Sean and I had just suffered through the inevitable travel day that always puts an unfortunate end on every vacation (waking up at 4:15am is always brutal, particularly when poor Sean was up past midnight purchasing a whole additional suitcase to hold all the souvenirs we bought our niece and nephews, but since we had a relatively easy commute home via a direct flight that came in under 3 hours and Matt had 2 connections and hours of delays resulting in 14 hours of travel, it’s rude to complain…the snow, however, was morally depleting no matter how long you’d traveled to reach it). No matter how tired we are when we walk in that door, we have 4 little pups who celebrate our homecoming like we just won the Superbowl or walked on the moon. If they had access to ticker tape, we’d be hip-deep.

That said, we were cuddled in bed with our 4 4-legged friends (that’s 20 legs if you count ours) by mid-afternoon and were soon watching the newest and finest that Disney+ had to offer. I always find it hard to be away from my pups and this vacation was particularly rough because on our very first day away our dog sitter texted me pictures of bloody stool and I worried for 10 days straight (everyone seems fine). Anyway, I’d been lonesome for my little loves and this movie made me quite emotional.

Perhaps it lacks the sparkle that the first one had, and I’m not 100% convinced real-looking talking dogs (or any animals) is a good ideas, but it’s here, but it’s kind of sweet and it’s a safe family pick. Plus, keeping the antique setting is a lovely excuse for the most sumptuous sets and costumes.

And with some interesting voice work by Tessa Thomspon, a delightfully cast Sam Elliott, and a racist song replaced by a new ditty co-written by Janelle Monae. This updated Lady and The Tramp isn’t a huge hit but it isn’t a miss either – I think it’s worth a watch, especially for dog lovers who just can’t help themselves.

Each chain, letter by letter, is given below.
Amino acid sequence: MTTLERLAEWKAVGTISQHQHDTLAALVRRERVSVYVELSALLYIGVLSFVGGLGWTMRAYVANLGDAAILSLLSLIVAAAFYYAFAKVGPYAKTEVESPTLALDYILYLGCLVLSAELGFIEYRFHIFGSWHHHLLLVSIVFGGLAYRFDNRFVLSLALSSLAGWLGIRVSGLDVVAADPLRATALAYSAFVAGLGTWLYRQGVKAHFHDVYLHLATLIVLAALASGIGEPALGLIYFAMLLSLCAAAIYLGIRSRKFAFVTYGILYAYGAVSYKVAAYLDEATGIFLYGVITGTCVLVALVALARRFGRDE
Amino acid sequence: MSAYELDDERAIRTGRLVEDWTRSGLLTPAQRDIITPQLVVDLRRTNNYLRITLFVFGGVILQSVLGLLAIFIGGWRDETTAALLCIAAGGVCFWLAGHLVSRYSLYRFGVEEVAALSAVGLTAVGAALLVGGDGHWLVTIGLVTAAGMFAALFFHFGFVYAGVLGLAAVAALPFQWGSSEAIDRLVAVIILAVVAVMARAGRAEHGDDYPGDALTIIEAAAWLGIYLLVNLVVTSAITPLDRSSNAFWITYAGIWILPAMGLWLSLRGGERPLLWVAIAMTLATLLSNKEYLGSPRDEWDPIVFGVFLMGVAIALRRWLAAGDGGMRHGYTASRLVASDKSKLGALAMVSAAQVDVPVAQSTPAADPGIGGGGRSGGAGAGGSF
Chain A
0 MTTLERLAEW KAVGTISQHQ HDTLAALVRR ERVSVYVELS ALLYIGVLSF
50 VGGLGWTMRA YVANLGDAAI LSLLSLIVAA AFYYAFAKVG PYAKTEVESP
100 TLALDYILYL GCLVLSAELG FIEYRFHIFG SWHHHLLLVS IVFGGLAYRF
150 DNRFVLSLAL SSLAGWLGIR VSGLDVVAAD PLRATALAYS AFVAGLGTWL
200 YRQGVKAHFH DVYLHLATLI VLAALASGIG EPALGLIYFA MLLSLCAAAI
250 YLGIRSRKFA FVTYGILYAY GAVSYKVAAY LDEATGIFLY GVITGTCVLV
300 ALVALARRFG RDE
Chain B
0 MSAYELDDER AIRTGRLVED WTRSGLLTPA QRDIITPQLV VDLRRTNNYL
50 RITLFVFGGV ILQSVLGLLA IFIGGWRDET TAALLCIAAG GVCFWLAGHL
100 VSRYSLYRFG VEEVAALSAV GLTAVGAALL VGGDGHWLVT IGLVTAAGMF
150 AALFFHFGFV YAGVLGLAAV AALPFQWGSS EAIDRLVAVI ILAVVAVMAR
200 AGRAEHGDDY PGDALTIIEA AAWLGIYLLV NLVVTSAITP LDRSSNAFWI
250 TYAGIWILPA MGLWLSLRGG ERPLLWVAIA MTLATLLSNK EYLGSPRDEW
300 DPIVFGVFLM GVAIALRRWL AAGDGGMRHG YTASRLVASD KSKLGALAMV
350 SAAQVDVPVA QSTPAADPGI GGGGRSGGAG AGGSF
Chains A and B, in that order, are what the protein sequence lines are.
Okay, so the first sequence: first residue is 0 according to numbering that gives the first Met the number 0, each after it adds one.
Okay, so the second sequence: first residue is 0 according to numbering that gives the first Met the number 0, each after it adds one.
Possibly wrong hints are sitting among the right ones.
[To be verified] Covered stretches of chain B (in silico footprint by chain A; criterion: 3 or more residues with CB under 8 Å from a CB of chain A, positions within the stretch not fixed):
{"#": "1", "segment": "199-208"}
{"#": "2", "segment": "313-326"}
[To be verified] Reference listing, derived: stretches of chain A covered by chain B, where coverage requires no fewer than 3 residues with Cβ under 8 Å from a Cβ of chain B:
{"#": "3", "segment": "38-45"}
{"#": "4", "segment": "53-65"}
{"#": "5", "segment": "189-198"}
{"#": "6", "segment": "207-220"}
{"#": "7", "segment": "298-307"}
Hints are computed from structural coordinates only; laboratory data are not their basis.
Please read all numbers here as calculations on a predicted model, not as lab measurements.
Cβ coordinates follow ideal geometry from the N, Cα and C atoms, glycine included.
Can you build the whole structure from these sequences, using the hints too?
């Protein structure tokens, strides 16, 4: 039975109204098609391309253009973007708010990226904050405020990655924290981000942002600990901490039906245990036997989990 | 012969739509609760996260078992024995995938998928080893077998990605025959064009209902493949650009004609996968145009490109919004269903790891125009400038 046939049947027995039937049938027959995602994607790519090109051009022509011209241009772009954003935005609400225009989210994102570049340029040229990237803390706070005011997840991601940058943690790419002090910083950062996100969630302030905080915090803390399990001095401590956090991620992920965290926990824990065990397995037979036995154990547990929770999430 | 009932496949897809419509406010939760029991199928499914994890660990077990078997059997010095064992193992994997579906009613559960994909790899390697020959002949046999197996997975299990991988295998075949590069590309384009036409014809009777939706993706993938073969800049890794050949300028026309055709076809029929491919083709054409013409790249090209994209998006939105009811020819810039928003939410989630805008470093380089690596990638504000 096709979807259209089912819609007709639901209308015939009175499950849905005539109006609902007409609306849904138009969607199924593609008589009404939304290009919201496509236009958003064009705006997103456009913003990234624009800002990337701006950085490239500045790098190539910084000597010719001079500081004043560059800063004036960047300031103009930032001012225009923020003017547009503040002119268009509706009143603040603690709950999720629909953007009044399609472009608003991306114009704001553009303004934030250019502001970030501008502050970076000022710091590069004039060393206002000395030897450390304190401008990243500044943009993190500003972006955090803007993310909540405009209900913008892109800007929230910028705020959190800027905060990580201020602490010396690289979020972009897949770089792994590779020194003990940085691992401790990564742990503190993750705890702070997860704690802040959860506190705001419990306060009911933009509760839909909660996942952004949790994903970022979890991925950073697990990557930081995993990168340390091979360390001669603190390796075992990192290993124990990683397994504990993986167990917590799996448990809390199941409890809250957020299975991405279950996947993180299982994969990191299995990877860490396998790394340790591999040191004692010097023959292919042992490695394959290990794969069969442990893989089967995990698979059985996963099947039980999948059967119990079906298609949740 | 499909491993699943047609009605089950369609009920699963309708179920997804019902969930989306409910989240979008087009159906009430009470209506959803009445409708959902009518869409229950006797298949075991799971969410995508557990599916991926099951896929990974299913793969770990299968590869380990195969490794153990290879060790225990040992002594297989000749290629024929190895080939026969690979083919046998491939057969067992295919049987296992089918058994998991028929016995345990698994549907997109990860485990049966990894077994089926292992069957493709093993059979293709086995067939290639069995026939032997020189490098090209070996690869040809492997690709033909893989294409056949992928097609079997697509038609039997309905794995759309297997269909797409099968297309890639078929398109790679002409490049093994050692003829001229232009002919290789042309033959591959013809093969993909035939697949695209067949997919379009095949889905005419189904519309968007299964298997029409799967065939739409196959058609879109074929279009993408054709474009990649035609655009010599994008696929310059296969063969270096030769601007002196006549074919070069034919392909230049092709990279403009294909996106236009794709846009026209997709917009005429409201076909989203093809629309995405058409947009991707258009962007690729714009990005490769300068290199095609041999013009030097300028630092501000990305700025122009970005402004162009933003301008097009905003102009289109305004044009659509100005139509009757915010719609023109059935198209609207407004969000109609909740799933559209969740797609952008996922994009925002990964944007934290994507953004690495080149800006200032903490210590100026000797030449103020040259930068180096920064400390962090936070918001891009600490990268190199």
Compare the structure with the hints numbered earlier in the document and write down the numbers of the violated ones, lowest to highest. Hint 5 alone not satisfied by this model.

Enchanted

Giselle is a typical Disney princess who lives in a tree and has bird and chipmunk friends who sing with her and help her sew a wedding dress so she can marry her prince. But Disney movies always have an evil Queen – in this case, Narissa, who interrupts Giselle on her way to marry prince Edward and instead shoves her down a magical well which turns cartoon Giselle into live-action Amy Adams, and spits her out in Times Square.

Live-action Giselle is still fairly blessed – sure her tiara is stolen by a homeless man, but ultimately a gentlemanly lawyer, Robert (Patrick Dempsey), takes her in and gives her his couch despite her being a crazy woman in a poufy-sleeved wedding dress claiming to be a princess. And her magic hasn’t deserted her completely: when she leans out Robert’s apartment window to summon some animal friends to help her tidy up, they still respond. But it’s New York City, so the respondents are rats and pigeons. Oh, and cockroaches. Which are ostensibly worse than the dust, but Giselle seems not to notice as she prances about singing her happy songs.